First, that in the present day even those who use those words most rationally—that is to say, as the names of elements of social life which, like others, have their advantages and disadvantages according to time, place, and circumstance-have a great disposition to exaggerate their advantages and to deny the existence, or at any rate to underrate the importance, of their disadvantages.

Next, that whatever signification be attached to them, these words are ill-adapted to be the creed of a religion, that the things which they denote are not ends in themselves, and that when used collectively the words do not typify, however vaguely, any state of society which a reasonable man ought to regard with enthusiasm or self-devotion.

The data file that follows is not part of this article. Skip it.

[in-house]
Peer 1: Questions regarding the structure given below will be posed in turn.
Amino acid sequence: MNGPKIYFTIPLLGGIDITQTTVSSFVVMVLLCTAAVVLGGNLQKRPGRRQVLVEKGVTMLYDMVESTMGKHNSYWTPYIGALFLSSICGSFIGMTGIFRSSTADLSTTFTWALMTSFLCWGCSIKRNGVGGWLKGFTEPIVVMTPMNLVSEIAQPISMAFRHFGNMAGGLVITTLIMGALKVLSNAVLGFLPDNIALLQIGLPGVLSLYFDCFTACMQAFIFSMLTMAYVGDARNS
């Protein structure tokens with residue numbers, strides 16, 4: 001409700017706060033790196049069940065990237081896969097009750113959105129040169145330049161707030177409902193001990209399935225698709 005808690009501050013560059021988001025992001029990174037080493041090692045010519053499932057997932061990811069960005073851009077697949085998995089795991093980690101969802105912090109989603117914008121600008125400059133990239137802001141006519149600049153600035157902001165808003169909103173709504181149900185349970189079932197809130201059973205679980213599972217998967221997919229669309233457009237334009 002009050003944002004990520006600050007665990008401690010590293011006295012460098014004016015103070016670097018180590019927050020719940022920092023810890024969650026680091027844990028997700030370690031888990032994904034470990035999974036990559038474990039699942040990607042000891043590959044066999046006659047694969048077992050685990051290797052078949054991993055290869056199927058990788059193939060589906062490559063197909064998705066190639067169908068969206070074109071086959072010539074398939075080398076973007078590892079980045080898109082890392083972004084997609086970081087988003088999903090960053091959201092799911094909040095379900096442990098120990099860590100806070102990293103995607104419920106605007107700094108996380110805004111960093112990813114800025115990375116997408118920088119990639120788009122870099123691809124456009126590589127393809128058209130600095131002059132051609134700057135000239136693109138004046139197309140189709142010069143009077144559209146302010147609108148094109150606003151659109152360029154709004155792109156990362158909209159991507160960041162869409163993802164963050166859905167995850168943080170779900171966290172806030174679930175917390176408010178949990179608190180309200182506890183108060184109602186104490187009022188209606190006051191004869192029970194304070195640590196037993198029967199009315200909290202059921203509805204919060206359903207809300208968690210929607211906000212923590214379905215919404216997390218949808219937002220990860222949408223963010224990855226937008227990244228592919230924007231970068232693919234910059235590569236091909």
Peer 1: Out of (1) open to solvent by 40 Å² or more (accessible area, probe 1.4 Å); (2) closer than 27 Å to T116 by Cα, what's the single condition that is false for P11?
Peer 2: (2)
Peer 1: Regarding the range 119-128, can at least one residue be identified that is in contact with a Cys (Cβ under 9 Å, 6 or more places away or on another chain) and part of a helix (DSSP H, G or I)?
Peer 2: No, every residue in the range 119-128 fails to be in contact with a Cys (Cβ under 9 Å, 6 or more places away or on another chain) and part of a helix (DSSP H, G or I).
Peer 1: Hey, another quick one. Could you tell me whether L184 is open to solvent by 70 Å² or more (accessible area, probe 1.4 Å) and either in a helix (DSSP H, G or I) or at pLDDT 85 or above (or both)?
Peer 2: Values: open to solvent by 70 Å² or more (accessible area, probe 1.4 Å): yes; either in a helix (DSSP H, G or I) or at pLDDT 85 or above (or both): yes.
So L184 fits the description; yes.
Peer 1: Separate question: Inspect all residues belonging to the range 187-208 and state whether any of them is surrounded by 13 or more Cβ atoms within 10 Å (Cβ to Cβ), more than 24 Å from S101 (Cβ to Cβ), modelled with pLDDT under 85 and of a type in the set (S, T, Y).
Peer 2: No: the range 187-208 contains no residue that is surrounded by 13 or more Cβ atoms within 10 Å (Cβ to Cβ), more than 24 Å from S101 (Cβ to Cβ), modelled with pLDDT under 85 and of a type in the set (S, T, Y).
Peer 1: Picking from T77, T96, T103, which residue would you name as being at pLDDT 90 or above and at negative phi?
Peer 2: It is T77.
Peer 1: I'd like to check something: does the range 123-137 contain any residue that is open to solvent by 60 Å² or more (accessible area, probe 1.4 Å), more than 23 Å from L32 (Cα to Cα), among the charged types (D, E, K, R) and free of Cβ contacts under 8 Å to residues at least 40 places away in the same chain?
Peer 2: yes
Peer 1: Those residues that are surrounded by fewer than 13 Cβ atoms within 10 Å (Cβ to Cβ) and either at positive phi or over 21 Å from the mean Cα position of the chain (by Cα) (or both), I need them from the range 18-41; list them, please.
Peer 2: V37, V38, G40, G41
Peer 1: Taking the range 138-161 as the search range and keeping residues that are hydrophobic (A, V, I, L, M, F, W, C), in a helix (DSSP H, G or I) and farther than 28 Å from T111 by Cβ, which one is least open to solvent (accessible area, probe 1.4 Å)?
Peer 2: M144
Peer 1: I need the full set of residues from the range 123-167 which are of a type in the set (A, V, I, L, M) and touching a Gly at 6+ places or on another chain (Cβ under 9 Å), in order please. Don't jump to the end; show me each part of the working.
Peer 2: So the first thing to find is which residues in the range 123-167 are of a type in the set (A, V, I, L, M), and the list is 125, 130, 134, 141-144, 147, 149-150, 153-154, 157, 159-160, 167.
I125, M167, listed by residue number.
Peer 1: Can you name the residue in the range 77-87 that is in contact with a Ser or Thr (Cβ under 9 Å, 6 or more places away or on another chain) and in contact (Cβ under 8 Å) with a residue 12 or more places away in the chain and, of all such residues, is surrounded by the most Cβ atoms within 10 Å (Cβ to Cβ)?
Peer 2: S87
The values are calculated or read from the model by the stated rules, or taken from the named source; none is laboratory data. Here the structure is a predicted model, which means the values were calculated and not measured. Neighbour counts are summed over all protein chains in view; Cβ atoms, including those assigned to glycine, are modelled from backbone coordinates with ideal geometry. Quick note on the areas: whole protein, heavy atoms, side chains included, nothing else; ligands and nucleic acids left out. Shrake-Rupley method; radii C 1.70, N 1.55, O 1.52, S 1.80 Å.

The truth of the first proposition as a mere general observation will not, in all probability, be disputed; but I attach to it a very much more specific meaning than is conveyed by a mere commonplace. I mean to assert that the most accredited current theories upon this subject, and those which have been elaborated with the greatest care, are unsound; and to give point to this, I say more specifically that the theories advanced upon the subject by Mr. John Mill in most of his later works are unsound. I have several reasons for referring specifically to him. In the first place, no writer of the present day has expressed himself upon these subjects with anything like the same amount either of system or of ability. In the second place, he is the only living author who has handled the subject, with whom I agree sufficiently to differ from him profitably. Up to a certain point I should be proud to describe myself as his disciple, but there is a side of his teaching which is as repugnant as the rest of it is attractive to me, and this side has of late years become by far the most prominent. I do not say that the teaching of his works on Liberty, on Utilitarianism, and on the Subjection of Women is inconsistent with the teaching of his works on Logic and Political Economy; bụt I wish to show the grounds on which it is possible to agree with the greater part of the contents of the two works last mentioned, and even to maintain principles which they rather imply than assert, and at the same time to dissent in the strongest way from the view of human nature and human affairs which